I am not a comic-book movie person. It's not that I don't like fantasy, it's just that I have this arcane idea that it ought to make sense in its own terms: self-consistent, not a gross insult to the myths it sprang from -- things like that. Nonetheless, I sort of enjoyed THOR. It was so silly that no one could ask more of it than it gave. It would be like asking a two-year-old to do calculus.
The silliness begins with the cast. Asgard, home of the Norse gods, is now politically correct enough to include an Oriental warrior, a female warrior, and a Black keeper-of-the-bridge to other realms. The bridge itself appears to be made of glitter-covered Legos. Asgard, too, glitters, made up of gold-colored abstract buildings designed by some far-past ancestor of Frank Gehry. All this is rather sweet, in a frivolous sort of way. Also sweet is the movie's rather Victorian premise: That an insensitive and loose-cannon guy can be saved by the love of a good woman. The guy is Thor, and the woman is a mortal who is supposed to be an astrophysicist but who records her data in spiral notebooks by drawing little pictures of planets.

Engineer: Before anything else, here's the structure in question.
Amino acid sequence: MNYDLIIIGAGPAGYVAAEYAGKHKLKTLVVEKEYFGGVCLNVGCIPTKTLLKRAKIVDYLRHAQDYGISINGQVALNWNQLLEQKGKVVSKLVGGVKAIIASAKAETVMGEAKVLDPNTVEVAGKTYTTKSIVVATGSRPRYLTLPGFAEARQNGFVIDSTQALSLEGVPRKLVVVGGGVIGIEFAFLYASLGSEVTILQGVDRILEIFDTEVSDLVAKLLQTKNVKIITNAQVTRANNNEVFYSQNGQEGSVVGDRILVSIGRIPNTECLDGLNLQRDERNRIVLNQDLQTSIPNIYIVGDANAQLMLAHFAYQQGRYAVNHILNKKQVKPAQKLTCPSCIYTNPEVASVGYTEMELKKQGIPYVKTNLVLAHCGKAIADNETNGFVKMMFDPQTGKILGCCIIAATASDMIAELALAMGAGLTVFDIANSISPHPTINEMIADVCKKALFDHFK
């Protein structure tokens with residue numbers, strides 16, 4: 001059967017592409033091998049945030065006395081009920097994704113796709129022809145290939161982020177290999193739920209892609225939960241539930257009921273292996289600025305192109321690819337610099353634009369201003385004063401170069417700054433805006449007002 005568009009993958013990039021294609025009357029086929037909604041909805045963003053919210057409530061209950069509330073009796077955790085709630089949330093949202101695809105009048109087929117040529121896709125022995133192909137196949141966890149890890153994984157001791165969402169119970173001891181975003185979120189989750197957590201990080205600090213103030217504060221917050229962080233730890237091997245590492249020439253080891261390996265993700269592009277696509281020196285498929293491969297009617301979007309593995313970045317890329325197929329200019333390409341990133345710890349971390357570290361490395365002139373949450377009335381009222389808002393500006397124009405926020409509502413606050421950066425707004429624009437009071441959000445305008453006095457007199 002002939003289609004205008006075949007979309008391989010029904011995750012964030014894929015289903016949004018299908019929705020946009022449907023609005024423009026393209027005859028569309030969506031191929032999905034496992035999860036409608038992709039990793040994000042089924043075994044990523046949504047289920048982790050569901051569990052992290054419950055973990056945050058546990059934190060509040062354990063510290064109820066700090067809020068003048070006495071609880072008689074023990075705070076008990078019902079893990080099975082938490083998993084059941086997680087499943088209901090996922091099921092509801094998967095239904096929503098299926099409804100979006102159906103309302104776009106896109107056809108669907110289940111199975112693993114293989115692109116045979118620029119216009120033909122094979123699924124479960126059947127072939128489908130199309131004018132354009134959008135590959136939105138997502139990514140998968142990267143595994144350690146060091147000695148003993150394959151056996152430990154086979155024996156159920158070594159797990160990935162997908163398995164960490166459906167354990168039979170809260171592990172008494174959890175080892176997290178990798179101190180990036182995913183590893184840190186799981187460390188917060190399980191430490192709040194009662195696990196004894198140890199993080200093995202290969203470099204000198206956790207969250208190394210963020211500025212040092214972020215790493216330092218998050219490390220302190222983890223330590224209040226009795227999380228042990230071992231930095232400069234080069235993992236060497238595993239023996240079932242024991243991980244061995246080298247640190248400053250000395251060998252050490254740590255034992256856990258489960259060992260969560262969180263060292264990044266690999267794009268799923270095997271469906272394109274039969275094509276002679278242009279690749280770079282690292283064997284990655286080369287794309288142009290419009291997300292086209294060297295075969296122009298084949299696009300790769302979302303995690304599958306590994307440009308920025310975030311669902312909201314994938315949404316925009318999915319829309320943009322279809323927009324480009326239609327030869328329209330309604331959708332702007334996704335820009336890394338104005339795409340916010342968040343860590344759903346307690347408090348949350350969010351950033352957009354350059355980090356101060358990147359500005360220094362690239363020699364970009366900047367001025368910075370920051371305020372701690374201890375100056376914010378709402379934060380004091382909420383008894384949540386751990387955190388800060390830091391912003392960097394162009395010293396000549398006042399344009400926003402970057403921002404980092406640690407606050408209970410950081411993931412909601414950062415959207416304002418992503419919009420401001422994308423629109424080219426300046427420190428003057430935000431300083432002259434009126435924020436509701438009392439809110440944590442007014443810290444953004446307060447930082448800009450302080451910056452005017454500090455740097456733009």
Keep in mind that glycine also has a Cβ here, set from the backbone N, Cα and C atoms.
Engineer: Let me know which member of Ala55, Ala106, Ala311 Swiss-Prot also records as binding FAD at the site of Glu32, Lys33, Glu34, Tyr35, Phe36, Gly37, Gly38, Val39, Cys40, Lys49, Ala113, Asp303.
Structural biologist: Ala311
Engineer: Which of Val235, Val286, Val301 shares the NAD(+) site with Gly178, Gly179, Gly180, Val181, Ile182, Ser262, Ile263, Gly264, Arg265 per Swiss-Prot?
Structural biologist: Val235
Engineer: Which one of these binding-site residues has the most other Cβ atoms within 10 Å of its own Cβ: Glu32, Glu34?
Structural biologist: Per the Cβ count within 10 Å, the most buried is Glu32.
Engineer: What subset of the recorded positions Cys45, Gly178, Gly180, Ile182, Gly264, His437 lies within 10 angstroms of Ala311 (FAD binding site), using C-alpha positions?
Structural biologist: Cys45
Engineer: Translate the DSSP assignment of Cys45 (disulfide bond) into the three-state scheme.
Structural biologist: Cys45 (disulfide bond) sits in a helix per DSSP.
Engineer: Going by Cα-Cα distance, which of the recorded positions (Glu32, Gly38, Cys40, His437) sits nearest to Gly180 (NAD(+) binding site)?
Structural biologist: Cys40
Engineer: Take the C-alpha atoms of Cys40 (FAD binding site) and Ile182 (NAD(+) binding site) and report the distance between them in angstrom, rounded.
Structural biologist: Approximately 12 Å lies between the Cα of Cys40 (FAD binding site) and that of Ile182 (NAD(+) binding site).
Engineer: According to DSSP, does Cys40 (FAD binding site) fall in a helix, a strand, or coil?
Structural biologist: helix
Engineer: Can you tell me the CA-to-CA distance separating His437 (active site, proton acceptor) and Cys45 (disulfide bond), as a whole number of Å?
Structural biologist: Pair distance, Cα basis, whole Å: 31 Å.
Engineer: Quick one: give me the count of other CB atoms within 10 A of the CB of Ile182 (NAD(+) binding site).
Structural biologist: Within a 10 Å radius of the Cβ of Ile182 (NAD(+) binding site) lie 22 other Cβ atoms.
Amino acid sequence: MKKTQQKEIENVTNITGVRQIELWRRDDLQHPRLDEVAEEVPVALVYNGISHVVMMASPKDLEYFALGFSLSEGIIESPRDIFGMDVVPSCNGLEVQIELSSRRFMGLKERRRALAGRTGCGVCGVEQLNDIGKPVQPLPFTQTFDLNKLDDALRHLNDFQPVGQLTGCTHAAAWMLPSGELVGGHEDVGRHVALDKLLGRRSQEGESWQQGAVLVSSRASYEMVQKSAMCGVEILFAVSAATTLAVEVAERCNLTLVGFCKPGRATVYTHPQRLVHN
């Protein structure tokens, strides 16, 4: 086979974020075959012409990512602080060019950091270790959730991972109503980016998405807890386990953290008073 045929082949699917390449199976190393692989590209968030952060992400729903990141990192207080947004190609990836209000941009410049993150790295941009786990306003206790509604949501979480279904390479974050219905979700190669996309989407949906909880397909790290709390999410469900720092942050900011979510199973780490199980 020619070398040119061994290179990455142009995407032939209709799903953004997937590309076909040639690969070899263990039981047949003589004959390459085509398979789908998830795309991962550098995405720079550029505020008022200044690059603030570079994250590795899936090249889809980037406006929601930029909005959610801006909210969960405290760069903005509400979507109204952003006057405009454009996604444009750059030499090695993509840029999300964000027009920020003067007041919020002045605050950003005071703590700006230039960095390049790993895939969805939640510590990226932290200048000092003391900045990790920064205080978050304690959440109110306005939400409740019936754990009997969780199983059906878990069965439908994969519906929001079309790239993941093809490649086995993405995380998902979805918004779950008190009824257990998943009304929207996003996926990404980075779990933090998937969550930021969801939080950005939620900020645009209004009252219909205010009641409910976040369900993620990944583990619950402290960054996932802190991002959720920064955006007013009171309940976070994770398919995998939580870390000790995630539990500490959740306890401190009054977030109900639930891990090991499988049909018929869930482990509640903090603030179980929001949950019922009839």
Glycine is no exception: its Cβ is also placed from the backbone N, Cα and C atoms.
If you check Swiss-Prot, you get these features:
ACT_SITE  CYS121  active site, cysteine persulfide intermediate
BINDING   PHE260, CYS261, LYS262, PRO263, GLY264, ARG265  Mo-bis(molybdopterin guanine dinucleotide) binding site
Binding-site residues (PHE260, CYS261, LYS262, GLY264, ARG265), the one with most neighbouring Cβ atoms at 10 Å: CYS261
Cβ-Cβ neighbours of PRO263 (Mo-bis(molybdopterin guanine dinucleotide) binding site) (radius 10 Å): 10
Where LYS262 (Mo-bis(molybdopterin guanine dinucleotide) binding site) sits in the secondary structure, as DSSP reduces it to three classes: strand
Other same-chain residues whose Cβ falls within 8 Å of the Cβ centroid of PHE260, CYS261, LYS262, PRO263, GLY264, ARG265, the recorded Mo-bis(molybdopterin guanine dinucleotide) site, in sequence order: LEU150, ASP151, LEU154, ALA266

So why did I enjoy this movie? Not for the plot, which mostly involves fighting: Norse gods versus frost giants, Thor versus Loki, various hapless humans versus each other. But there are fun touches throughout. When Thor's hammer falls to Earth and is stuck there, nobody can draw it off the stone it landed on (move over, King Arthur). The locals set up a contest; people arrive in pick-up trucks; someone is selling hot dogs. That kind of thing kept me amused, even though ten minutes after I left the theater, most of the movie had vanished from my head. No loss. There's always another comic-book movie coming.